‘I just want to help’: LPGA pro Madelene Sagström opens up about sexual abuse in new campaign
In the summer of 2017, Madelene Sagström was on the cusp of a breakthrough. The reigning Symetra Tour player of the year, Sagström had set the developmental tour’s single-season earnings record just six months earlier. In just a few months, she would compete for Europe in the Solheim Cup as one of Annika Sorenstam’s captain’s picks.
But Sagström’s breakthrough did not come on a golf course. Rather, it was in a Facebook post.
“I’m proud to be a part of the Swedish campaign ‘Inte ensam, aldrig glömd‘ (not alone, never forgotten),” she wrote on July 22. “Today three kids in every class get sexually assaulted. Most never tell anyone and have to live through this horrific experience all on their own. I was one of those kids. It took me 16 years to tell anyone and now I consider this one of my biggest strengths. This is my story.”
In 753 words, she said it all. The story of her sexual assault as a child. How she carried it with her alone for 16 years, determined to keep it a secret forever. How, in 2016, she finally revealed her secret to her mentor, 11-time European Tour winner Robert Karlsson. How that was the day “her walls came down.” How it was the best decision she ever made.
“All I wanted to hear growing up was that I was okay,” she concluded. “This is me, my story and I’m okay just the way I am!”
Today, Sagström is the face of the LPGA’s latest “Drive On” campaign, an initiative started by the organization to “celebrate strength, focus and perseverance.” In a five-minute spot released by the LPGA Monday, Sagström shares her story again in the hopes of providing a light for others like her.
“I think the video is such a good capture of darkness leading into light because that’s kind of how I felt about the whole journey in general,” she told a small group of media members in a press conference Sunday. “It’s at a point where I’m really proud of it, but at the same time I’m sitting here shaking because it’s emotional because it’s a big part of me and what I have gone through.”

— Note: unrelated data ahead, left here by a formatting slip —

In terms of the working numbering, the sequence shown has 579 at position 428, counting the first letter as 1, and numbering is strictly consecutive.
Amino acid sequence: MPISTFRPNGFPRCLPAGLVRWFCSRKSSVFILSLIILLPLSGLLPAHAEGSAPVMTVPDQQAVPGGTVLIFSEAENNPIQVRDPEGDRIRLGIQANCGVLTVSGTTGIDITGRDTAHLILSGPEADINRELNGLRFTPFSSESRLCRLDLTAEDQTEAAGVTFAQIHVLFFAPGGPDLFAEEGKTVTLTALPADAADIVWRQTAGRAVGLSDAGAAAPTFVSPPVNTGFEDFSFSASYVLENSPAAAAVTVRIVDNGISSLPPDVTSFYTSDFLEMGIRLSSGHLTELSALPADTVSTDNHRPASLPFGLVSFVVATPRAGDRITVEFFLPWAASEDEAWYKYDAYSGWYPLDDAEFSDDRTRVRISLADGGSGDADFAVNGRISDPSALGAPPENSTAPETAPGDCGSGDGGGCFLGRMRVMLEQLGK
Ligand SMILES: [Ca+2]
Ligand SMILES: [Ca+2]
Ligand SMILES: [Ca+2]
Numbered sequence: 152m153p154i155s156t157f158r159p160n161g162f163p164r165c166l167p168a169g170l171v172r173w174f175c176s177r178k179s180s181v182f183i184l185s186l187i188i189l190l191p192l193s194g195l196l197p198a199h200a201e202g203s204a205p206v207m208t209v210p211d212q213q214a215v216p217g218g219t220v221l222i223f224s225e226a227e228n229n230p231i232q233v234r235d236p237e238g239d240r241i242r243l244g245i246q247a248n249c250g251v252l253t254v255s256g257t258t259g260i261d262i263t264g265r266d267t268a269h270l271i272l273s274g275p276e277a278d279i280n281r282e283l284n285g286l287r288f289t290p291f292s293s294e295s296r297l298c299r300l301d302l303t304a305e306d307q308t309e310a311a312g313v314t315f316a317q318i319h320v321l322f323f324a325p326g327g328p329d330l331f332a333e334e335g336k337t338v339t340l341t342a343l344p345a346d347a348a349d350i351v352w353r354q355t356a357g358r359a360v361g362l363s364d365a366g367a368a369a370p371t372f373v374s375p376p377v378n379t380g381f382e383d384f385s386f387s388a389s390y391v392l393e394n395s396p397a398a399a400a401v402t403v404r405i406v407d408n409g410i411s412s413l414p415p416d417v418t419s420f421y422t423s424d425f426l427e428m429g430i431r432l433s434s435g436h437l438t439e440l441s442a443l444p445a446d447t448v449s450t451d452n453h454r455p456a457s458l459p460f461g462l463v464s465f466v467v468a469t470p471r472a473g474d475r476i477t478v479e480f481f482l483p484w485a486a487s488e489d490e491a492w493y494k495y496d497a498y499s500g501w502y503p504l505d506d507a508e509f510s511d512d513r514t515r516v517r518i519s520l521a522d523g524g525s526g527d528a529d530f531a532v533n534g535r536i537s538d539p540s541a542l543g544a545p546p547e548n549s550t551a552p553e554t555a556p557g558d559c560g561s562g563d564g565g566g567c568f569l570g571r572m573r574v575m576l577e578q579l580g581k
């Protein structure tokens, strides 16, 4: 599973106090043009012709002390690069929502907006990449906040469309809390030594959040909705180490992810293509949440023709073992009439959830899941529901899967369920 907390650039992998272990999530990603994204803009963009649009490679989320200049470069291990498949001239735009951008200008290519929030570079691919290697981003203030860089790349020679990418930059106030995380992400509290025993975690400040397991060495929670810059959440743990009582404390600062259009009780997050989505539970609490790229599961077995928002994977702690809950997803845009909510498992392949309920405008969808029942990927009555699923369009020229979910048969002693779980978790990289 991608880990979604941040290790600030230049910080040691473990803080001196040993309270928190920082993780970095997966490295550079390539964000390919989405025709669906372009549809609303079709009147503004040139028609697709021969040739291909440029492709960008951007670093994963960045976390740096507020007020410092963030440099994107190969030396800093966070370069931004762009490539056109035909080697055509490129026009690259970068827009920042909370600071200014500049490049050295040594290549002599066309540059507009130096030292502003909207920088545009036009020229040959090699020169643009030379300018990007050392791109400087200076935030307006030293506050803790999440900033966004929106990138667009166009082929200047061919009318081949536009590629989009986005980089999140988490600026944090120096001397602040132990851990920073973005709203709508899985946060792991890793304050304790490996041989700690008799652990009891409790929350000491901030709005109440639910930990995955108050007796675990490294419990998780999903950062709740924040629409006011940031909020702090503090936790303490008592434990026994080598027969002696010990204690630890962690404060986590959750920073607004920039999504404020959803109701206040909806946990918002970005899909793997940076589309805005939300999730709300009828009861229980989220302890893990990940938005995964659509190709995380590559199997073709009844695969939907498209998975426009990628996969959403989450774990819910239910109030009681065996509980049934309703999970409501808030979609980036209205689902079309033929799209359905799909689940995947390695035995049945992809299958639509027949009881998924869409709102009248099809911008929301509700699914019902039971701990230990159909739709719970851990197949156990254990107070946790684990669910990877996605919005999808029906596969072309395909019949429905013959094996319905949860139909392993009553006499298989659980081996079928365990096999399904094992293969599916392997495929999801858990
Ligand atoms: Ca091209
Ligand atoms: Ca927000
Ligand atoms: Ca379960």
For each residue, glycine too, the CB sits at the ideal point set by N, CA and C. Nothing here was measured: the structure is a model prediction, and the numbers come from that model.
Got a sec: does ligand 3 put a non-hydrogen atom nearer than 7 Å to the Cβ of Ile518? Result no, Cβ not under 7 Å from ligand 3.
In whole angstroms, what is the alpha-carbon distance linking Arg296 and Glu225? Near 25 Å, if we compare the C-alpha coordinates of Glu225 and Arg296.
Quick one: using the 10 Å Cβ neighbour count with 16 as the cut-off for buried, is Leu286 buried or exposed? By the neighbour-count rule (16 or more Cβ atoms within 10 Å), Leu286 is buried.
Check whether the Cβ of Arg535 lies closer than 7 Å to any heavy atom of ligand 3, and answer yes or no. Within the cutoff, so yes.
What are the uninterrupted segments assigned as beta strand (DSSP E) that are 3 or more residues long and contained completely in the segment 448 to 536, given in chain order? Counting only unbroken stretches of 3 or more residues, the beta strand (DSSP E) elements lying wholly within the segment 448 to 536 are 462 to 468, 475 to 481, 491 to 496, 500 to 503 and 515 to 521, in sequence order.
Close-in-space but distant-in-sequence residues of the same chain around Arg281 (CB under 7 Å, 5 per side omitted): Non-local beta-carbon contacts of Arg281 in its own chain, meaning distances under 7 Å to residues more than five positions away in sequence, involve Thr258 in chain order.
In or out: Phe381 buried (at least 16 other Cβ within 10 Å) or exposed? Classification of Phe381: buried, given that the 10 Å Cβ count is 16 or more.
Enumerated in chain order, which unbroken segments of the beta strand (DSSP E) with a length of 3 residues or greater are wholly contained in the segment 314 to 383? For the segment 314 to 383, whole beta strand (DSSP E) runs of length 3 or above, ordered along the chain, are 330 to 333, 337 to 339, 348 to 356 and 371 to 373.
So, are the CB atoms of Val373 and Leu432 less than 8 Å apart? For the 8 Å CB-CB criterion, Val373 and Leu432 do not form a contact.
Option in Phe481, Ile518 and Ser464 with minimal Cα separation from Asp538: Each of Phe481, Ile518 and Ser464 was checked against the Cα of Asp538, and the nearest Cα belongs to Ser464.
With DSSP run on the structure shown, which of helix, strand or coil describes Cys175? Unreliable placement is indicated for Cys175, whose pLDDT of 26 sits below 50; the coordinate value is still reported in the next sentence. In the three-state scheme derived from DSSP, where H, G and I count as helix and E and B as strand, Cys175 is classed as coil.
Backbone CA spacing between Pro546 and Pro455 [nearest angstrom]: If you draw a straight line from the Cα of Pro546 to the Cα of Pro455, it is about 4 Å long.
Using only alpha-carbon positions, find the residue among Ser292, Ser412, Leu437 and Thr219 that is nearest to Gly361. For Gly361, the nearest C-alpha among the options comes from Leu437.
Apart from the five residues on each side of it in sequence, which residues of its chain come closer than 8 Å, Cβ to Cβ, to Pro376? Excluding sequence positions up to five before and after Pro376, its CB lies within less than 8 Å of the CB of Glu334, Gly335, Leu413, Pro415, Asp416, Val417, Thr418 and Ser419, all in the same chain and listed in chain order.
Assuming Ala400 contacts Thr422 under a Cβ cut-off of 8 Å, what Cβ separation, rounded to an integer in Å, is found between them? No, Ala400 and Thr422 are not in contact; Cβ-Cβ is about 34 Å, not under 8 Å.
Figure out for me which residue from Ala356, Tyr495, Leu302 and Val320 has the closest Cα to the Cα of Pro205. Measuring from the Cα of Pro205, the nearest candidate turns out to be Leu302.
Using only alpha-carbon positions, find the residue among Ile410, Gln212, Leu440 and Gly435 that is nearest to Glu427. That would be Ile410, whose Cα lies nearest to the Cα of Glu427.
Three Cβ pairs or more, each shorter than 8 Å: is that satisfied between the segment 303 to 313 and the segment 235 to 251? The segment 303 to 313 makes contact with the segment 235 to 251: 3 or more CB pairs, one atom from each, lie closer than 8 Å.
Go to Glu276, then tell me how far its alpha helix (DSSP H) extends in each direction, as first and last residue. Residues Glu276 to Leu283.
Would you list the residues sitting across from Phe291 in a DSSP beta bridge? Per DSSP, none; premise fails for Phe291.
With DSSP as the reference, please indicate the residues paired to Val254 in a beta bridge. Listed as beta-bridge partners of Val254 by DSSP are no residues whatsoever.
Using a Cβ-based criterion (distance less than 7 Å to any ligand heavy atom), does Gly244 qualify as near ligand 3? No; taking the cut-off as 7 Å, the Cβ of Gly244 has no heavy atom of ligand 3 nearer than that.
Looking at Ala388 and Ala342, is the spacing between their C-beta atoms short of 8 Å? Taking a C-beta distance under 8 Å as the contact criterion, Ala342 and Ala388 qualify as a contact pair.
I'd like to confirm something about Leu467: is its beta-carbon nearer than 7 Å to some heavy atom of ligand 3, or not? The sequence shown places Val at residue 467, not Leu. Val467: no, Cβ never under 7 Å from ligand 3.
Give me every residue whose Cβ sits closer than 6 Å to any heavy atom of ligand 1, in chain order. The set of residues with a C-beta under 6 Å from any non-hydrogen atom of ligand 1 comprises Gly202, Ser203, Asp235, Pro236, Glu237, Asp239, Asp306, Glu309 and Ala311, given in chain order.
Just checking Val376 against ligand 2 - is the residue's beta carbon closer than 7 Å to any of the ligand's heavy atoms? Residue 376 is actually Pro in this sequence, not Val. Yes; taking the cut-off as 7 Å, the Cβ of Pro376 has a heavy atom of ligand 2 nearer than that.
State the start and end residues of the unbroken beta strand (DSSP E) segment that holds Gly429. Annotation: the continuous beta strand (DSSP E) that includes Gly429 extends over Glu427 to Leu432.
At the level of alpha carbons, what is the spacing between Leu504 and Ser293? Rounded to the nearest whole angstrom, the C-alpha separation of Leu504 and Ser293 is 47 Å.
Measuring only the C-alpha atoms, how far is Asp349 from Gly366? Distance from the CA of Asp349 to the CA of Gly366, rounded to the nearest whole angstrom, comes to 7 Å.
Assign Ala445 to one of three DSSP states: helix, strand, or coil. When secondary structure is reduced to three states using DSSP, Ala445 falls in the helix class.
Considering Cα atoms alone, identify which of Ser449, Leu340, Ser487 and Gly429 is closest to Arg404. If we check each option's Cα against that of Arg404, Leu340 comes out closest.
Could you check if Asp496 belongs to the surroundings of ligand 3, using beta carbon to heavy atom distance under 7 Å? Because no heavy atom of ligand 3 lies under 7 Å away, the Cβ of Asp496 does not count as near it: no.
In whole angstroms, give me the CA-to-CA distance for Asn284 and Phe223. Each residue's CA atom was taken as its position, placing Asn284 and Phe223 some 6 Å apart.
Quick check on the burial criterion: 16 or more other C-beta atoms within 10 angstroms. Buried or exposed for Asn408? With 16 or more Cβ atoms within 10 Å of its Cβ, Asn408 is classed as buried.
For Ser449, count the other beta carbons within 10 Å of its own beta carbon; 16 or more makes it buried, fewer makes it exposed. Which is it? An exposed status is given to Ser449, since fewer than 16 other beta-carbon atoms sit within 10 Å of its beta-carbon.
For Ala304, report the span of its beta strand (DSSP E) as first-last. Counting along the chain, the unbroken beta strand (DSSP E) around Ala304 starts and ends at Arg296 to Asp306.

The journey began for Sagström in 2016. Then 24 years old, she’d reached a personal crossroads. She’d been a prolific collegiate golfer — winning SEC player of the year honors at LSU — but as she worked with Karlsson to build out her professional career, she found herself at a mental hurdle.
“I remember sitting in a hotel room and crying,” she said. “I was so focused on preparing for the upcoming season, but I felt like I couldn’t keep this secret inside me anymore. I needed to tell someone.”
When she worked up the courage to tell Karlsson, struck by the weight of the moment, she almost immediately burst into tears.
“I could see it was a relief for her to talk about it,” he said. “It was a strong emotional thing for me because she trusted me.”
Not long after their conversation, Sagström began to blossom.
“It literally happened overnight in a sense,” she said. “One day we were on the golf course, I was hiding behind Robert in the pro shop, not saying anything. I told him what had happened, and the next day I was like, ‘I’m here, come see me.'”
Now 28 years old, Sagström has spent the better part of the last three years focused on continuing her growth. She has remained a vocal advocate on social media, and has grown comfortable speaking earnestly about her experience as a victim of sexual assault in the hopes of helping others gain the confidence to do the same.
On the course, her game has followed suit. In January of last year, she won her first LPGA tournament, the Gainbridge (also this week’s LPGA event), and reached the top 50 in the Women’s Rolex world rankings for the first time in her professional career.
“The whole reason why I wanted to start working with Robert was because I wanted to be the best golfer I can be,” she said. “I learned that the person Madelene was more important than the golfer, that if I work on myself, the golfer will follow.”
It’s been nearly five years since Sagström told the world about her assault, but she admits it still isn’t natural for her — or anyone — to share a story of such personal magnitude. The courage to continue telling it comes from the knowledge that she isn’t alone.
“You’re showing yourself kind of naked in a way, but I’m really happy that we’re doing this because I know there’s a lot of people out there that feel alone, and not just in any kind of trauma, in any kind of hard experience,” she said. “It’s easy to feel like you’re the only person in the world.
“I just want to be there for somebody else knowing that I have a platform. I can share my story and maybe reach out to somebody.”